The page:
History of the Santa Cruz Art League

The Santa Cruz Art League was founded in 1919 by eleven landscape artists yearning for a place to meet in order to share their art, to teach, and to motivate one another.

In 1885, many of these same people had started the first local art gallery and classes. Beginning in 1923, the second president lived in the basement of the local library and managed the property in exchange for exhibition space for the Art League on the walls of the city-owned building. The Art League had to move out of that building in 1947 and the members recognized the need for artists to have a gallery owned by themselves.

SCAL incorporated as a nonprofit in 1949 and bought a property over a sinkhole resulting from the 1906 San Francisco earthquake. The dedicated members raised money for a building by having clothesline art sales, benefit teas, card parties, and by selling the individual bricks of the building. The current building was opened to the public in 1951. Until then, the Art League had exhibitions at other venues, always staying in front of tourists’ eyes.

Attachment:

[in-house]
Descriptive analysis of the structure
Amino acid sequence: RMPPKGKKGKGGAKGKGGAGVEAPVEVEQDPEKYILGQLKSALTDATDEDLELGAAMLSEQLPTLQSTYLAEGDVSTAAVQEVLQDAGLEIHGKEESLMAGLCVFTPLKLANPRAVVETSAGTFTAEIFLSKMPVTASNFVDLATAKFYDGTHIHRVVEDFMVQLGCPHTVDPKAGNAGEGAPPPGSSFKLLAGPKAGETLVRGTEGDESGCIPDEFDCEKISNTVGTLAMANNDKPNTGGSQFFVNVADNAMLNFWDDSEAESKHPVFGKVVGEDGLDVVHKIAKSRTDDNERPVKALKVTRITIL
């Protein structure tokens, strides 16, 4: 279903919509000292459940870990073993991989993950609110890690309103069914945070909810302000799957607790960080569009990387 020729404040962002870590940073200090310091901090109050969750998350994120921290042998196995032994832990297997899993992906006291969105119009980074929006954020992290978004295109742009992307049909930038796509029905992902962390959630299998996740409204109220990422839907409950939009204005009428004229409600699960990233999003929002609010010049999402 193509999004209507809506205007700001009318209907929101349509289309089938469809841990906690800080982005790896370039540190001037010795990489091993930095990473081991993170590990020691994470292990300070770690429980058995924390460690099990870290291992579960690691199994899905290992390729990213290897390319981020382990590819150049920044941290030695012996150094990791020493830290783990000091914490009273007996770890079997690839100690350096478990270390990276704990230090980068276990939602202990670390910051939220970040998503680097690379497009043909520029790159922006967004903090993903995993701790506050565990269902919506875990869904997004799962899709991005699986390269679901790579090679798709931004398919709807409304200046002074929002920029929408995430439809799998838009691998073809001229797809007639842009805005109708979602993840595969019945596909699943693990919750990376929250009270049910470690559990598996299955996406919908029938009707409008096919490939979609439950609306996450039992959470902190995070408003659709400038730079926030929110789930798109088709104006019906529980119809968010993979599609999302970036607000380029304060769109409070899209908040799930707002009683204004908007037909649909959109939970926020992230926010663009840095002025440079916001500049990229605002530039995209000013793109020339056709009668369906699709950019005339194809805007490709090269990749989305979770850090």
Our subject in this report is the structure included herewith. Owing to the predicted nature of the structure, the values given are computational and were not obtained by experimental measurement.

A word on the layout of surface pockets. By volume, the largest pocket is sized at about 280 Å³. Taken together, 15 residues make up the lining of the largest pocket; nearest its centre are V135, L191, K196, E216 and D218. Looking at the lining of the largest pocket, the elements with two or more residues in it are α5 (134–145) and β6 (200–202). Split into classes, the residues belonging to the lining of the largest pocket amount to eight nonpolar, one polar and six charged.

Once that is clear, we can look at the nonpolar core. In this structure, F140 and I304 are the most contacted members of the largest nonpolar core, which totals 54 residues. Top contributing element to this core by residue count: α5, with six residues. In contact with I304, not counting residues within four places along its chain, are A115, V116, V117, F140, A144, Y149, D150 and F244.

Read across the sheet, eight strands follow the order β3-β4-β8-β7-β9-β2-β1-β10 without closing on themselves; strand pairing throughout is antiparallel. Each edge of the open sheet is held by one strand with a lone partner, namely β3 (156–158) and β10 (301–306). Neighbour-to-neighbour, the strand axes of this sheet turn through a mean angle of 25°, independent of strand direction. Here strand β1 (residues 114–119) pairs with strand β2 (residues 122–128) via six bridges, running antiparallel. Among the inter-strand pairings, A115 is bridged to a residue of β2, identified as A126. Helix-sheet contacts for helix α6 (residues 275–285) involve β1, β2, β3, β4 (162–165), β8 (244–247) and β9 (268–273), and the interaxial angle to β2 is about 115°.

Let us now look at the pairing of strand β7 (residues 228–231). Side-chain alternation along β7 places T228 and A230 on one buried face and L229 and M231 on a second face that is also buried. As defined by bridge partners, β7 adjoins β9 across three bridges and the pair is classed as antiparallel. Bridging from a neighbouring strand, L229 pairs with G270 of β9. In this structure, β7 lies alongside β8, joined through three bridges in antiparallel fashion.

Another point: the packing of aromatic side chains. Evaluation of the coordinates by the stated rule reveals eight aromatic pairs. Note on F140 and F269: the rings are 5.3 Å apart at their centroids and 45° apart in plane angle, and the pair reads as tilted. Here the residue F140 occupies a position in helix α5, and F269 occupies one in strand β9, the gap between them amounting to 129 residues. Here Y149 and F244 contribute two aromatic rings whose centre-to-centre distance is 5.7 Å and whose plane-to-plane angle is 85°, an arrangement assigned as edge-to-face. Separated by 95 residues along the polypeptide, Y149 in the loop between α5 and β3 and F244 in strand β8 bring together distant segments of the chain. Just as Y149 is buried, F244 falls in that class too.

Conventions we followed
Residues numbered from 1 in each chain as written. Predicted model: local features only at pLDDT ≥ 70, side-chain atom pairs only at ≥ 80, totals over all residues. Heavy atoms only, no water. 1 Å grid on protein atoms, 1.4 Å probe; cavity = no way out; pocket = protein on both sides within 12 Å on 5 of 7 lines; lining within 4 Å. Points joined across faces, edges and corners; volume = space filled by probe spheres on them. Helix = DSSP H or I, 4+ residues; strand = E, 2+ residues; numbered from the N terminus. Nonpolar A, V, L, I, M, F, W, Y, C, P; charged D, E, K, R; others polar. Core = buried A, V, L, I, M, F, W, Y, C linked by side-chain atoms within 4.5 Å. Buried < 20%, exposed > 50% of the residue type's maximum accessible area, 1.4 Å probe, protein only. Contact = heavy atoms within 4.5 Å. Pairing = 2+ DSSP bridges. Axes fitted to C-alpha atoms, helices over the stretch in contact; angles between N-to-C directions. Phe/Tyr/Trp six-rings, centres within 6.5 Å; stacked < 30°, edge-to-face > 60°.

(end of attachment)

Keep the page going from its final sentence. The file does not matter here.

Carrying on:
The annual Statewide Exhibition, which started in 1930, used to be held in conjunction with the Miss California pageant at the Santa Cruz Beach Boardwalk and later at Treasure Island in San Francisco.

During the depression of the 1930’s, SCAL was one of the few galleries continuing to offer cash prizes. In the years 1951-1983, the Art League housed a well-known tourist destination, The Last Supper, a life-sized sculpture produced by a celebrated ceramist and a local wax sculptor.

For almost 100 years, the Santa Cruz Art League has bent and swayed and adapted to the times. It is a membership organization open to anyone.